But, once again, Amos begs God to show mercy and relent from His judgment, and God agrees. Despite Israel’s ongoing rebellion and refusal to repent, He agrees to spare them.
Then God shows Amos a third and distinctively different vision.
I saw the Lord standing beside a wall that had been built using a plumb line. He was using a plumb line to see if it was still straight. – Amos 7:7 NLT
This time, Amos sees God Almighty standing next to a wall, holding a plumb line in His hand. In Amos’ day, a plumb line was a common construction tool used to establish a vertical axis that was perpendicular to the ground. It consisted of a metal or wooden “bob” tied to a string. By holding the end of the string and allowing gravity to pull on the weighted bob, a builder could establish a true vertical plane for constructing a wall. When held alongside a wall that was under construction, it was easy to determine whether it was “plumb” or straight. A plumb line, when used correctly, would ensure that a wall was in line and free from structural deviations. In other words, the wall was not leaning.
So, Amos is given a vision of God holding a plumb line in His hand. But Jehovah makes it clear that He is not assessing the vertical axis of a wall, He is measuring the spiritual integrity of His people.
“I will test my people with this plumb line. I will no longer ignore all their sins.” – Amos 7:8 NLT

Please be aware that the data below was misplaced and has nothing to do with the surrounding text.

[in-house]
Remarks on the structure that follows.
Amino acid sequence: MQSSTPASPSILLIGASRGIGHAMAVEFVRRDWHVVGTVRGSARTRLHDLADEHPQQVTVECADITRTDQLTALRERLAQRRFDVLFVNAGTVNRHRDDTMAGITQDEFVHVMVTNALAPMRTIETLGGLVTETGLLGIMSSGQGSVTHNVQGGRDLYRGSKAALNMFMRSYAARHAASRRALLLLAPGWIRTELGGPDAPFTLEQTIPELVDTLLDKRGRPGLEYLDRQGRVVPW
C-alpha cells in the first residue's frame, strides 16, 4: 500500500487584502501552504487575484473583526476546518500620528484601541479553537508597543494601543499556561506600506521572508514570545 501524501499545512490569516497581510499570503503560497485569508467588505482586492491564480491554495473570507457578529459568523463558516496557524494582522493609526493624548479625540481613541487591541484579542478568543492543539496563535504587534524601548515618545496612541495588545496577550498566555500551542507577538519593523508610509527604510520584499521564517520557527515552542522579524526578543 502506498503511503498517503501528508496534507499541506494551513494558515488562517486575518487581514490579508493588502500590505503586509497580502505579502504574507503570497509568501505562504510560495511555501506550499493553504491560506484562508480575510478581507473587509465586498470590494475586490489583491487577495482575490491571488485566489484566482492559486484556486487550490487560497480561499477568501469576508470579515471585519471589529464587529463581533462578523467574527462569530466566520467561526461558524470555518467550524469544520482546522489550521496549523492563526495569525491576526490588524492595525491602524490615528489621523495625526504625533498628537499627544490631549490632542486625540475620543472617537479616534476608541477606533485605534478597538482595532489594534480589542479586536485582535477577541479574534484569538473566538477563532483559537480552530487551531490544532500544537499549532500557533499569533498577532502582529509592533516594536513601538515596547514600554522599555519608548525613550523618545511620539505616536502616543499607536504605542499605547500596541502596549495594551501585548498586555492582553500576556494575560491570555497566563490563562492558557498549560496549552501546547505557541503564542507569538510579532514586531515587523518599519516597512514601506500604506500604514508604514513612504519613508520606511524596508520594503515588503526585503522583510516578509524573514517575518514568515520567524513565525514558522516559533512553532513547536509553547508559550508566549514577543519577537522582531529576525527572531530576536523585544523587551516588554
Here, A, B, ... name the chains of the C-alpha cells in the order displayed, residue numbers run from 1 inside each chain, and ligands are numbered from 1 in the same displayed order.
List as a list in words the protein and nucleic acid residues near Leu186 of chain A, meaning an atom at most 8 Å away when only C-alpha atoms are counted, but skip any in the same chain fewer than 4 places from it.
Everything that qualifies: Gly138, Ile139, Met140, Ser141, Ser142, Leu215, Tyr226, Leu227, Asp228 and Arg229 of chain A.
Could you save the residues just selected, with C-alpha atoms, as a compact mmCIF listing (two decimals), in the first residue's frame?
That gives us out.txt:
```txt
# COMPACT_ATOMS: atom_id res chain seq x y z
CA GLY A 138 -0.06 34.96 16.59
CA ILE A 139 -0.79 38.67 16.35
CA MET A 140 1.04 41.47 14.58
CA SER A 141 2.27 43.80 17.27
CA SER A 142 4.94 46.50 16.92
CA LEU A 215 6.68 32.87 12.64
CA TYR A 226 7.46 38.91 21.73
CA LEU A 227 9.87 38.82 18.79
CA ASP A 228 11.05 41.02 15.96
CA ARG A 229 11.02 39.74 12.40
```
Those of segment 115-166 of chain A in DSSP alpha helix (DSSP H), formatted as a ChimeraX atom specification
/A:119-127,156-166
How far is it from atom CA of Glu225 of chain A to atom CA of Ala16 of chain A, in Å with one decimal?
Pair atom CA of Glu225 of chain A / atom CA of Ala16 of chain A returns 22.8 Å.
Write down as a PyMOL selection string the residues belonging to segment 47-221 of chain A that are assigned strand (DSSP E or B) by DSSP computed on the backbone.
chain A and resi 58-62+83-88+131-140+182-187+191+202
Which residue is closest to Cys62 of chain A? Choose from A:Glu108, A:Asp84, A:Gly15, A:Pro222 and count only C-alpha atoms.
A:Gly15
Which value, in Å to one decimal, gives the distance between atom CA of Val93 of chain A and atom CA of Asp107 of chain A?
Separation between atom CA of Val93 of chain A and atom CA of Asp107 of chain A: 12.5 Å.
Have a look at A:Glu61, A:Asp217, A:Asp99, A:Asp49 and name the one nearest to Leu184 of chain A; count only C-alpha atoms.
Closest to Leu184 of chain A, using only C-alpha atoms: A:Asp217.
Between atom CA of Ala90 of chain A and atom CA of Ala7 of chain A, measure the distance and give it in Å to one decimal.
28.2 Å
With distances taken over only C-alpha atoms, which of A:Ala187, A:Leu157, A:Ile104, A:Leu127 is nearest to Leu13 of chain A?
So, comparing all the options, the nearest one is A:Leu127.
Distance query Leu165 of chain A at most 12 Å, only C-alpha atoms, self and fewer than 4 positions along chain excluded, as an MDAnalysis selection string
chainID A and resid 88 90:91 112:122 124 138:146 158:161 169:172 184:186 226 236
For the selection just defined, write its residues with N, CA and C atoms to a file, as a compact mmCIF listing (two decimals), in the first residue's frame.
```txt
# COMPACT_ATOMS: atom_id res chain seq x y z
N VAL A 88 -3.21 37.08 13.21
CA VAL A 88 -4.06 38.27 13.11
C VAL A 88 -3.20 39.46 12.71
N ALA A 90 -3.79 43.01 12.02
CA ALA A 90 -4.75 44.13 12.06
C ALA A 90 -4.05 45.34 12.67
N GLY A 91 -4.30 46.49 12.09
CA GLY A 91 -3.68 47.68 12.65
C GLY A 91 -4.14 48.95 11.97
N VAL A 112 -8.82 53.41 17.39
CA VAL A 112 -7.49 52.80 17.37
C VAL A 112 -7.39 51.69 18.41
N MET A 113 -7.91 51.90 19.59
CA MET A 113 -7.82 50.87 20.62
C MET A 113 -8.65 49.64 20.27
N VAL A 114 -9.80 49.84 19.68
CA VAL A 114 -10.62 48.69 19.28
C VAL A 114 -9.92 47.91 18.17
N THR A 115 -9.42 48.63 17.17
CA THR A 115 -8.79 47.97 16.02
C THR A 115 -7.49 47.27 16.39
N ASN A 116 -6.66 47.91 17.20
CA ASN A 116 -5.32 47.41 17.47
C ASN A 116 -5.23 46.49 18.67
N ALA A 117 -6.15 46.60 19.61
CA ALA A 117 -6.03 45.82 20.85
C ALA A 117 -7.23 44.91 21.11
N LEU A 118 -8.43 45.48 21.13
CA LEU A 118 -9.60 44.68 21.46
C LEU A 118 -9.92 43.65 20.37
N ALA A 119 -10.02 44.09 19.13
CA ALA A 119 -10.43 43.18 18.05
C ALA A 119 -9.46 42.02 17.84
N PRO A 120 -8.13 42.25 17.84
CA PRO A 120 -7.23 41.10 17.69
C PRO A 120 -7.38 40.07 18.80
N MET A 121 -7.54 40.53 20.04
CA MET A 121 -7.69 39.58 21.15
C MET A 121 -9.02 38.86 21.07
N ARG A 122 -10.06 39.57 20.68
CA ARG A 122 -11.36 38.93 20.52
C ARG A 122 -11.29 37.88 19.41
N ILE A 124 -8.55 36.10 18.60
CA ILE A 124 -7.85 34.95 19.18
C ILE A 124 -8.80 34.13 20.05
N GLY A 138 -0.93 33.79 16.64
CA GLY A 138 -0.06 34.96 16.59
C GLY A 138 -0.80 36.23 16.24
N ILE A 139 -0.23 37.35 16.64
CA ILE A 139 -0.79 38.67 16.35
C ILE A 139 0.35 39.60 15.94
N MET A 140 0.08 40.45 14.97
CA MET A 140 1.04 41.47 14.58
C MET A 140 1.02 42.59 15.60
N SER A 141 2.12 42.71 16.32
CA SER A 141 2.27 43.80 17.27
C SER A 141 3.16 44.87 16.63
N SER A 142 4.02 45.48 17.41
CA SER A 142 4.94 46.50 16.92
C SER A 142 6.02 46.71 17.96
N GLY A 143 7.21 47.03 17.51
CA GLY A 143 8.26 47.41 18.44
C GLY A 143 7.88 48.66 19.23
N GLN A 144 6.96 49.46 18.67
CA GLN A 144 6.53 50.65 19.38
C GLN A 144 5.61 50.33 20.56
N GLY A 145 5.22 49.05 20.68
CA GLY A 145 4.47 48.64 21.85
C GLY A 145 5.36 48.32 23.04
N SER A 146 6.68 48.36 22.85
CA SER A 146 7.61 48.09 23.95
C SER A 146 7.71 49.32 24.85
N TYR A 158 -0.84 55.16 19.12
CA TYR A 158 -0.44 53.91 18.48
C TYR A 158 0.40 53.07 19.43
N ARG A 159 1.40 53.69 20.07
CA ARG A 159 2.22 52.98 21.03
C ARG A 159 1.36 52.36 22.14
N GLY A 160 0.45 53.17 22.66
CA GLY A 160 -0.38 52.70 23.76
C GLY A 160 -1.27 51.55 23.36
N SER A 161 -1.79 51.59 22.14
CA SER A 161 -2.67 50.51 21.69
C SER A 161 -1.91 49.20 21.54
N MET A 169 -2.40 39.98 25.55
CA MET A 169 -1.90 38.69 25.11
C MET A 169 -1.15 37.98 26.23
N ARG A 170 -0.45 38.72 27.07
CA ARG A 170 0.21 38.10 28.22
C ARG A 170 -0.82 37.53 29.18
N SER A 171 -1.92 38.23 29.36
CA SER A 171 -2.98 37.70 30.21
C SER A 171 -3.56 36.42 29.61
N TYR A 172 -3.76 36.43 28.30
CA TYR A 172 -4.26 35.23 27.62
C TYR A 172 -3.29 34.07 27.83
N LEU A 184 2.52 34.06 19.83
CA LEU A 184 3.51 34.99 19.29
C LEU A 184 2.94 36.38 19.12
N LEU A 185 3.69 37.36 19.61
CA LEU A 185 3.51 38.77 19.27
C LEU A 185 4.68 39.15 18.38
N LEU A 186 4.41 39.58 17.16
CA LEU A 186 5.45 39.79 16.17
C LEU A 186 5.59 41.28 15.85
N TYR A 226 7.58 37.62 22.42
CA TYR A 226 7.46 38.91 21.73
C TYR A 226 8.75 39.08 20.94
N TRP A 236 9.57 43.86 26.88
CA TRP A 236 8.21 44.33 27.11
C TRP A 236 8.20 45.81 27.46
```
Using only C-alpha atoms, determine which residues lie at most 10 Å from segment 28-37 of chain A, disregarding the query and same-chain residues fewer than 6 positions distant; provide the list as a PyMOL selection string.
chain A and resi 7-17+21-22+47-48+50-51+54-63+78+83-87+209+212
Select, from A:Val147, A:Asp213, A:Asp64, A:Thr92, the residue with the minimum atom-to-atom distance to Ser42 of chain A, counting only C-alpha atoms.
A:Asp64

The point of this vision is clear. The people of Israel were out of alignment. They did not measure up to God’s righteous expectations. He had given them His law, but they had failed to keep it. And their disobedience had left them “leaning” in the wrong direction. They were like a wall that was out of plumb, and now they were about to fall. The people of God were guilty of the very thing the apostle Paul pointed out to the believers in Rome.
For everyone has sinned; we all fall short of God’s glorious standard. – Romans 3:23 NLT
God was holding His divine plumb line next to the wall of Israel and it revealed that His people were leaning dangerously in the wrong direction. Centuries of rebellion had resulted in a poorly constructed wall that was out of line and in danger of collapse. So, God reveals that He will bring it all to an abrupt but necessary end.
“The pagan shrines of your ancestors will be ruined, and the temples of Israel will be destroyed; I will bring the dynasty of King Jeroboam to a sudden end.” – Amos 7:9 NLT
The plumb line was His law. The wall represented the results of their sinful behavior, conducted in direct violation of His clear guidelines. They had disobeyed and were found to be out of line with His will for them. They had turned out just as Moses had feared they would.
He is the Rock; his deeds are perfect.
Everything he does is just and fair.
He is a faithful God who does no wrong;
how just and upright he is!
“But they have acted corruptly toward him;
when they act so perversely,
are they really his children?
They are a deceitful and twisted generation.” – Deuteronomy 32:4-5 NLT
English Standard Version (ESV) The Holy Bible, English Standard Version. ESV® Permanent Text Edition® (2016). Copyright © 2001 by Crossway Bibles, a publishing ministry of Good News Publishers.
New Living Translation (NLT) Holy Bible, New Living Translation, copyright © 1996, 2004, 2015 by Tyndale House Foundation. Used by permission of Tyndale House Publishers Inc., Carol Stream, Illinois 60188. All rights reserved.